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Question for all pagans and christians

Discussion in 'Christianity and World Religion' started by elephunky, Jul 2, 2014.

  1. Jane_the_Bane

    Jane_the_Bane Gaia's godchild

    +2,219
    Pagan
    Legal Union (Other)
    UK-Greens
    While Christianity is most definitely a syncretist religion, we need to be careful about doing our research properly when we go looking for the exact influences here. The internet is fraught with false claims in this regard, and it makes it all too easy for Christians to just point to such falsehoods to discredit *any* such notion.


    WRONG. While Egyptian mythology evolved over millennia, and thus includes many different versions of specific myths, Osiris is not virgin-born. The most common version depicts him as the child of the Earth-god Heb and the Sky-goddess Nut.
    The greatest similarities between the Osiris myth and the Jesus myth (note: "myth" as "tale fraught with existential meaning", NOT necessarily "fictitious fairy tale") lies in Osiris's resurrection after being brutally murdered and dismembered, and the subsequent importance he has in relation to the eternal afterlife.

    In the most common version of the myth, Mithras emerges fully formed from a rock. We could make a case for the rock being virginal, but still...

    Semele was a mortal woman impregnated by Zeus. Since that may or may not involve actual sexual intercourse (after all, Zeus made love in many different guises, not all of which necessitated the use of actual reproductive organs: one princess was impregnated by Zeus-as-rain, trickling through the ceiling), we could build a (somewhat weak) case for the state of her hymen here. However, no ancient source names her a virgin.

    This leads me to an interesting question, though: how exactly *did* the ancients define virginity? Is it really all about the intact hymen (which, after all, often ruptures without the involvement of any sexual activity)? Or is it just about the sexual intercourse as such? If so, why does Mary being - ahem - "visited" by the Holy Ghost not count as a defloration? It always seemed to me that her virginal status was just supposed to signify that Jesus could not possibly have been the child of a human father - at least at first. Later sexual hangups absorbed from Gnostic and Stoic sources saw to it that sexuality became almost literally demonized, and the Church ended up insisting that Mary remained virginal throughout her life, rationalizing away Jesus's brothers and sisters and even going so far as to make the state of her hymen an article of faith. (I suppose Jesus was born via osmosis in the minds of certain church leaders.)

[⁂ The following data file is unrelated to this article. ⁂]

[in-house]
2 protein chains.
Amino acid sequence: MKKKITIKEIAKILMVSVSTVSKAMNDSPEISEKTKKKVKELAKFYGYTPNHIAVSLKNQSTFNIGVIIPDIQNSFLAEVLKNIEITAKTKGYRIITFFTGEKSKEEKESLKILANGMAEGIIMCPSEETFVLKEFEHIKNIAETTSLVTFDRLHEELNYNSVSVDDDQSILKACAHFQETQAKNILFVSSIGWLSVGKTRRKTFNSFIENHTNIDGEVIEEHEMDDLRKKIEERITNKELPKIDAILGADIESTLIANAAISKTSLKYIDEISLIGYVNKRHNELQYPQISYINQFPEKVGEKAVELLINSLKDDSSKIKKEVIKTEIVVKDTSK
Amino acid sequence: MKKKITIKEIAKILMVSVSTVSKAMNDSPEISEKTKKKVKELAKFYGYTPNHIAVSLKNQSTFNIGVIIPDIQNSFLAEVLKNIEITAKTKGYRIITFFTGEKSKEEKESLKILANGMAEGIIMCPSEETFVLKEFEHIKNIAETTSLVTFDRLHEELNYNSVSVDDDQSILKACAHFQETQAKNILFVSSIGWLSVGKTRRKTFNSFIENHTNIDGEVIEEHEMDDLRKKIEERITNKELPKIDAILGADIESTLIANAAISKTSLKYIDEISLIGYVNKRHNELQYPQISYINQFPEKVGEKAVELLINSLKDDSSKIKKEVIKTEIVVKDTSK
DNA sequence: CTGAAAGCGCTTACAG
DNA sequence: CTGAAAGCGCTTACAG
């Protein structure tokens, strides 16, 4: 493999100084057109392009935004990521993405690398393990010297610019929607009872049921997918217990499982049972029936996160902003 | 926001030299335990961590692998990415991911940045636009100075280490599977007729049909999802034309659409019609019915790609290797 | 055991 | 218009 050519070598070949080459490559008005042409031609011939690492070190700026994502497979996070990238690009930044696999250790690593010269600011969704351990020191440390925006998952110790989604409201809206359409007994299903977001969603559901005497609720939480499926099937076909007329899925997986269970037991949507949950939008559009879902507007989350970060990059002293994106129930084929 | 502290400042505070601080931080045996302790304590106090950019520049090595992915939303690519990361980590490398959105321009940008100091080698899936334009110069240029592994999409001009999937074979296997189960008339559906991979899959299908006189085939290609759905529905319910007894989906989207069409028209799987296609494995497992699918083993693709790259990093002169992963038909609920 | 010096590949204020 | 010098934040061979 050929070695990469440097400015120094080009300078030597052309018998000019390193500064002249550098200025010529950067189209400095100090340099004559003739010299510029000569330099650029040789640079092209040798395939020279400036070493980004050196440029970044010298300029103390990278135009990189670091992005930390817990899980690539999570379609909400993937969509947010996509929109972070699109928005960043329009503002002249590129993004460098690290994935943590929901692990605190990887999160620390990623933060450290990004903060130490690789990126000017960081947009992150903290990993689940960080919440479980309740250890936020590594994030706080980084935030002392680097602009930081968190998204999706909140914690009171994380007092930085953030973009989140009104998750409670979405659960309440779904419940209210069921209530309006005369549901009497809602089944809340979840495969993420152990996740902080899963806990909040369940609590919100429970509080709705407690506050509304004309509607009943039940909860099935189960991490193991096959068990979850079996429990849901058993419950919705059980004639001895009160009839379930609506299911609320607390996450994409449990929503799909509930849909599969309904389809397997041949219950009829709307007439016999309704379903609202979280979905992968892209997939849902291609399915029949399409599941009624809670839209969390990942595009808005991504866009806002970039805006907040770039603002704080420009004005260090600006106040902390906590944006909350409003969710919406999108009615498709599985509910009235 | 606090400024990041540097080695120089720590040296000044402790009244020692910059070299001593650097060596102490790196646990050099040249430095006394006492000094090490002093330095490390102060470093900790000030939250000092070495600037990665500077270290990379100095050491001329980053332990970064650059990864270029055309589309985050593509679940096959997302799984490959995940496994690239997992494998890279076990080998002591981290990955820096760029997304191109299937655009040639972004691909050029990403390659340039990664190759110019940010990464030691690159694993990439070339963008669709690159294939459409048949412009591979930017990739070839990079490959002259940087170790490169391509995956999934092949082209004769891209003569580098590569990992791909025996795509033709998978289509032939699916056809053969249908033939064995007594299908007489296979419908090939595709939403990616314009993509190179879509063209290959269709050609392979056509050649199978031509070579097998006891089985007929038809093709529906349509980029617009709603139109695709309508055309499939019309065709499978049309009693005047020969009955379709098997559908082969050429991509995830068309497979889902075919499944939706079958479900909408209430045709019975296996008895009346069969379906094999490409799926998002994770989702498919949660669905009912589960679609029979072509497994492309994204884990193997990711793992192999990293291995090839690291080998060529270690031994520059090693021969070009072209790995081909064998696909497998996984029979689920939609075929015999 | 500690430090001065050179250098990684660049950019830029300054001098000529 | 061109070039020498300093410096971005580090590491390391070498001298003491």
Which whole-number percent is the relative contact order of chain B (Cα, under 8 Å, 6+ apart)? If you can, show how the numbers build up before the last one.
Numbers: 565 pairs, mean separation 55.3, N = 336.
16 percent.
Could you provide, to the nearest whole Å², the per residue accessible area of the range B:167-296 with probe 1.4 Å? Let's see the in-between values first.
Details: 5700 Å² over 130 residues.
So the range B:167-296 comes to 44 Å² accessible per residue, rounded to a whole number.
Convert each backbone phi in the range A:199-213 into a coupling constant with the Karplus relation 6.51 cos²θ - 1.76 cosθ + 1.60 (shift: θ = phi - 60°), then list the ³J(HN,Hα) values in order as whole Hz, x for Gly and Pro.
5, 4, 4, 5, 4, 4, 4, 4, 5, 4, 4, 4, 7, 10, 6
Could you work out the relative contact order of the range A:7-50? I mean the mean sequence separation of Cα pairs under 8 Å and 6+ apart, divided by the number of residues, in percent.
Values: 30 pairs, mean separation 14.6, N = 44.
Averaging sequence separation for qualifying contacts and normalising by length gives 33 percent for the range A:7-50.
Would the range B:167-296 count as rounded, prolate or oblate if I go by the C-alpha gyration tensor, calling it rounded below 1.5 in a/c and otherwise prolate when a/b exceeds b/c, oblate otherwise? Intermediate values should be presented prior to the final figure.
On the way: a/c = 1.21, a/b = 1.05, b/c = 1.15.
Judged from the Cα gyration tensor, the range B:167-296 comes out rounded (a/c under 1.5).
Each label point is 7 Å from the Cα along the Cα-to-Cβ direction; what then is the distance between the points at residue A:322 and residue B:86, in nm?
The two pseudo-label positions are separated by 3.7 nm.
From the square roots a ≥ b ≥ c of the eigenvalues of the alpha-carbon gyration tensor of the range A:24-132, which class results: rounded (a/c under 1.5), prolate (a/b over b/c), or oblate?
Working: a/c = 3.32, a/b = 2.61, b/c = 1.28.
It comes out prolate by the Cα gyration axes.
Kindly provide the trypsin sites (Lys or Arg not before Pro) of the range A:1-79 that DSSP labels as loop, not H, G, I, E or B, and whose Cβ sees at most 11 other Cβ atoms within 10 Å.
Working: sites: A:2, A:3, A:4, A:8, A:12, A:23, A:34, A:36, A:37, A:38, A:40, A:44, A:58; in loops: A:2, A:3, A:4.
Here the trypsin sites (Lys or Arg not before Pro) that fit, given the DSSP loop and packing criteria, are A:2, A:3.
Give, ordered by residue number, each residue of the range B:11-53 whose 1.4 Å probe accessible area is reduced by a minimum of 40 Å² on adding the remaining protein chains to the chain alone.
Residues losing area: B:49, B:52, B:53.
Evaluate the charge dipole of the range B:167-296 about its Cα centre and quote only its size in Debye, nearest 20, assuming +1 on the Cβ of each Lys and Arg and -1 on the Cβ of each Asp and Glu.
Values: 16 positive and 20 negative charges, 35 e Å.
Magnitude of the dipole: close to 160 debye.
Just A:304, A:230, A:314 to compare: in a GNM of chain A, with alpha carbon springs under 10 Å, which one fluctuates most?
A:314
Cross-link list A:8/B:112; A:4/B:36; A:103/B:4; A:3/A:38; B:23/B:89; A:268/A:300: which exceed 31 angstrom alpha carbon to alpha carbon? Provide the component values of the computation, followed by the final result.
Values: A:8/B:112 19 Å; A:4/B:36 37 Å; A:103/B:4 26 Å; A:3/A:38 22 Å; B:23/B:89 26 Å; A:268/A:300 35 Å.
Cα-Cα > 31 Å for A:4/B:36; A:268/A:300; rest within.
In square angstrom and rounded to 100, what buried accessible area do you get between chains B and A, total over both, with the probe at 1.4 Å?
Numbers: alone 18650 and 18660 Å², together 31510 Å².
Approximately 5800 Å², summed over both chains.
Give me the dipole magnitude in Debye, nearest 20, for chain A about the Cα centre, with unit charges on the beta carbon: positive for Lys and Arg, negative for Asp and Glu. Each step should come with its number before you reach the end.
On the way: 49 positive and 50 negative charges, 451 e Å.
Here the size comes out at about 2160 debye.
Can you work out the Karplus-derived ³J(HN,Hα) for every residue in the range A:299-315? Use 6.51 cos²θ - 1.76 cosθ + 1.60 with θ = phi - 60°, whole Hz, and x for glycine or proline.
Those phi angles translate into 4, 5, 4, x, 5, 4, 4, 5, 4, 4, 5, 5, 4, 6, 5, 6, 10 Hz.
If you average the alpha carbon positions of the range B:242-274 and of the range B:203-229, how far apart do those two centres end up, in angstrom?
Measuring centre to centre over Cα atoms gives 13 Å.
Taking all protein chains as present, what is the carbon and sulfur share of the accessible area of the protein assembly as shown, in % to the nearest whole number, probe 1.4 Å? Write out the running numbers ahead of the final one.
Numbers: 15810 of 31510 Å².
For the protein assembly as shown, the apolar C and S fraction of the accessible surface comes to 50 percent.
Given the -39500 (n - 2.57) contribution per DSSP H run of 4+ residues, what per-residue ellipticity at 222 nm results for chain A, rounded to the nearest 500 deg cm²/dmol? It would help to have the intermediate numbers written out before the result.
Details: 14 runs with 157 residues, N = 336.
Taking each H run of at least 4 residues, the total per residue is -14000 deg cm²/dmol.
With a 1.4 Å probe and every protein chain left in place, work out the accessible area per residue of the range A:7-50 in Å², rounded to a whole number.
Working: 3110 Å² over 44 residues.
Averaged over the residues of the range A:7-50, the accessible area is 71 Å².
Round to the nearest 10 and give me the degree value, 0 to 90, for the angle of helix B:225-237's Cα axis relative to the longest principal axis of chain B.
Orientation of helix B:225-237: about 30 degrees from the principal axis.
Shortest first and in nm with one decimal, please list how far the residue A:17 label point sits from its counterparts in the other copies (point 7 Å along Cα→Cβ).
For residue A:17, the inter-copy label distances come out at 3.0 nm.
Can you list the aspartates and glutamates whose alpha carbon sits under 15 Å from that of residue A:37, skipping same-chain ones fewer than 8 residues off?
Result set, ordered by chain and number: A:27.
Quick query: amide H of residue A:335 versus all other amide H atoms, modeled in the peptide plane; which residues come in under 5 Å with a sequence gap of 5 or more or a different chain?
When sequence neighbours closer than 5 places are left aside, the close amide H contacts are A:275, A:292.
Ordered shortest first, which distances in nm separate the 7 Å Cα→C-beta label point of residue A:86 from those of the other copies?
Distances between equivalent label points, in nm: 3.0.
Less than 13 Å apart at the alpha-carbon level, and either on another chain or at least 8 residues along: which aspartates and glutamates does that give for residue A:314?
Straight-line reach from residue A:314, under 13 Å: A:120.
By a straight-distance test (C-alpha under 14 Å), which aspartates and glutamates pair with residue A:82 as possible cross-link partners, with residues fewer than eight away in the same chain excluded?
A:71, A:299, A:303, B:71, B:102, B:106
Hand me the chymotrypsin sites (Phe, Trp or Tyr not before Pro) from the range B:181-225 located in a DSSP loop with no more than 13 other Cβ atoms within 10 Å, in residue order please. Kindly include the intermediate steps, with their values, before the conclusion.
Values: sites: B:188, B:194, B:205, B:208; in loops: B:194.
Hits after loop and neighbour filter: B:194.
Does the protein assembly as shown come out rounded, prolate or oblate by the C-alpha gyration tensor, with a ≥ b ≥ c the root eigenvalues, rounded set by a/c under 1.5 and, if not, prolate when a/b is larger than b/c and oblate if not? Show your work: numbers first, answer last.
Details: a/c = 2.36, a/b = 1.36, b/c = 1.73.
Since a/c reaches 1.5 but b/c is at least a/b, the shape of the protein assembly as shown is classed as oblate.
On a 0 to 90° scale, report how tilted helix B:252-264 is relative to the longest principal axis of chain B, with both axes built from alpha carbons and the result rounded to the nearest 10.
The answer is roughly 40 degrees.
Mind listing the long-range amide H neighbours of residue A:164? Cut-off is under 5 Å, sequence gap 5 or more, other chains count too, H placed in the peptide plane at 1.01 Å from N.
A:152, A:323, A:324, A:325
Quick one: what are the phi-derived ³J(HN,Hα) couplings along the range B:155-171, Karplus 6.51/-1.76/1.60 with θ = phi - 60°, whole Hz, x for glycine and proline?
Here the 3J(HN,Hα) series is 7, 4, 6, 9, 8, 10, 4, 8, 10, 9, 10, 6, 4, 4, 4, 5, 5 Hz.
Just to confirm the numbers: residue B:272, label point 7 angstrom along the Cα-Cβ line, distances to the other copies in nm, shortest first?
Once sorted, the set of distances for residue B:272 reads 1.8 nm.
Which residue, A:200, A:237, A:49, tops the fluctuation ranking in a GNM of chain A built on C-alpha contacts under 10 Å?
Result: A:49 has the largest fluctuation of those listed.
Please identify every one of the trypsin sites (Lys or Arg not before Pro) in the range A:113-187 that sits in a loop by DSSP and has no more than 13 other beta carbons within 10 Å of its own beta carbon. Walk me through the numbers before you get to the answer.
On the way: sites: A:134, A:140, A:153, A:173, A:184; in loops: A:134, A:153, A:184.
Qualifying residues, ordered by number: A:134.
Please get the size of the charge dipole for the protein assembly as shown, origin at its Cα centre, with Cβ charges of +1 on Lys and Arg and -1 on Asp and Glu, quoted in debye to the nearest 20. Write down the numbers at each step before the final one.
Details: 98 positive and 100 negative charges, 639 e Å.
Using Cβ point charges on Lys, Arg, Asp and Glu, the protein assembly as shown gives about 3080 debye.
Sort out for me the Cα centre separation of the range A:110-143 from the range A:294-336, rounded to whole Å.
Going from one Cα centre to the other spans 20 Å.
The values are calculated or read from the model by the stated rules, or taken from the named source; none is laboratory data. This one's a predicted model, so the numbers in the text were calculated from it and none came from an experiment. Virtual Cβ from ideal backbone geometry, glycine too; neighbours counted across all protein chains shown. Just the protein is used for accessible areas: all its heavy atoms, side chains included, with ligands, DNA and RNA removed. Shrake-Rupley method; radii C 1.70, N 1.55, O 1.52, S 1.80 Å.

2. gerbilwoman

    gerbilwoman Member

    +1,807
    Christian Seeker
    Single
    US-Democrat
    I personally do not believe in Christian witches.
     
  3. EnemyOfReason

    EnemyOfReason Well-Known Member

    +54
    Pagan
    In Relationship
    All religions are nothing but an algamation of various cults and reformulated mythologies. Christianity is just a Judaic crossover between the Hellenic concepts present at that time. There is nothing special about this as Christianity is no more syncretic than what came before it.
    I love mixing Hindu philosophy with pre-Islamic mythology. I like ritualism and meditation and love doing so freely without religious or theistic baggage.
     
  4. Zoness

    Zoness Cipherpunk Supporter

    +636
    Pagan
    Engaged
    Okay I'm going to be nit-picky about grammar;

    Do you believe you cannot be Christian and a witch?

    Or do you believe that Christian witches do not exist?
     
  5. Zstar

    Zstar Christian Zoroastrian

    +42
    Christian Seeker
    Private
    I feel Christ did many things that could be considered under the category.

    Modern day I would rather hang with the Christian Wiccas than the ones who doesn't understand his teachings.

    I feel if you light a candle or do good for him he appreciates it.

    Just my 2 cents not studied it thoroughly.
     
  6. Jane_the_Bane

    Jane_the_Bane Gaia's godchild

    +2,219
    Pagan
    Legal Union (Other)
    UK-Greens
    While this is most certainly true, and eclecticism has been and always will be the universal state of culture, it bears pointing out because Christianity (along with the other Abrahamic monotheisms) puts such a decided emphasis on doctrinal purity and supposedly essential differences.

    Basically, most of the Abrahamics (barring that Baha'i and other universalist approaches) embrace a stance with regard to religion that bears some similarity to the stance Westerners embraced with regard to "race":
    the quest for an utterly illusory and chimerical "purity", the denigration of the "Other", the constant threat of "reverse colonization"/corruption...

    From the (thankfully mythological) genocide described in the book of Joshua to contemporary Christians who only listen to "Christian" pop music and read only "Christian" romance novels, there's always been this strong emphasis.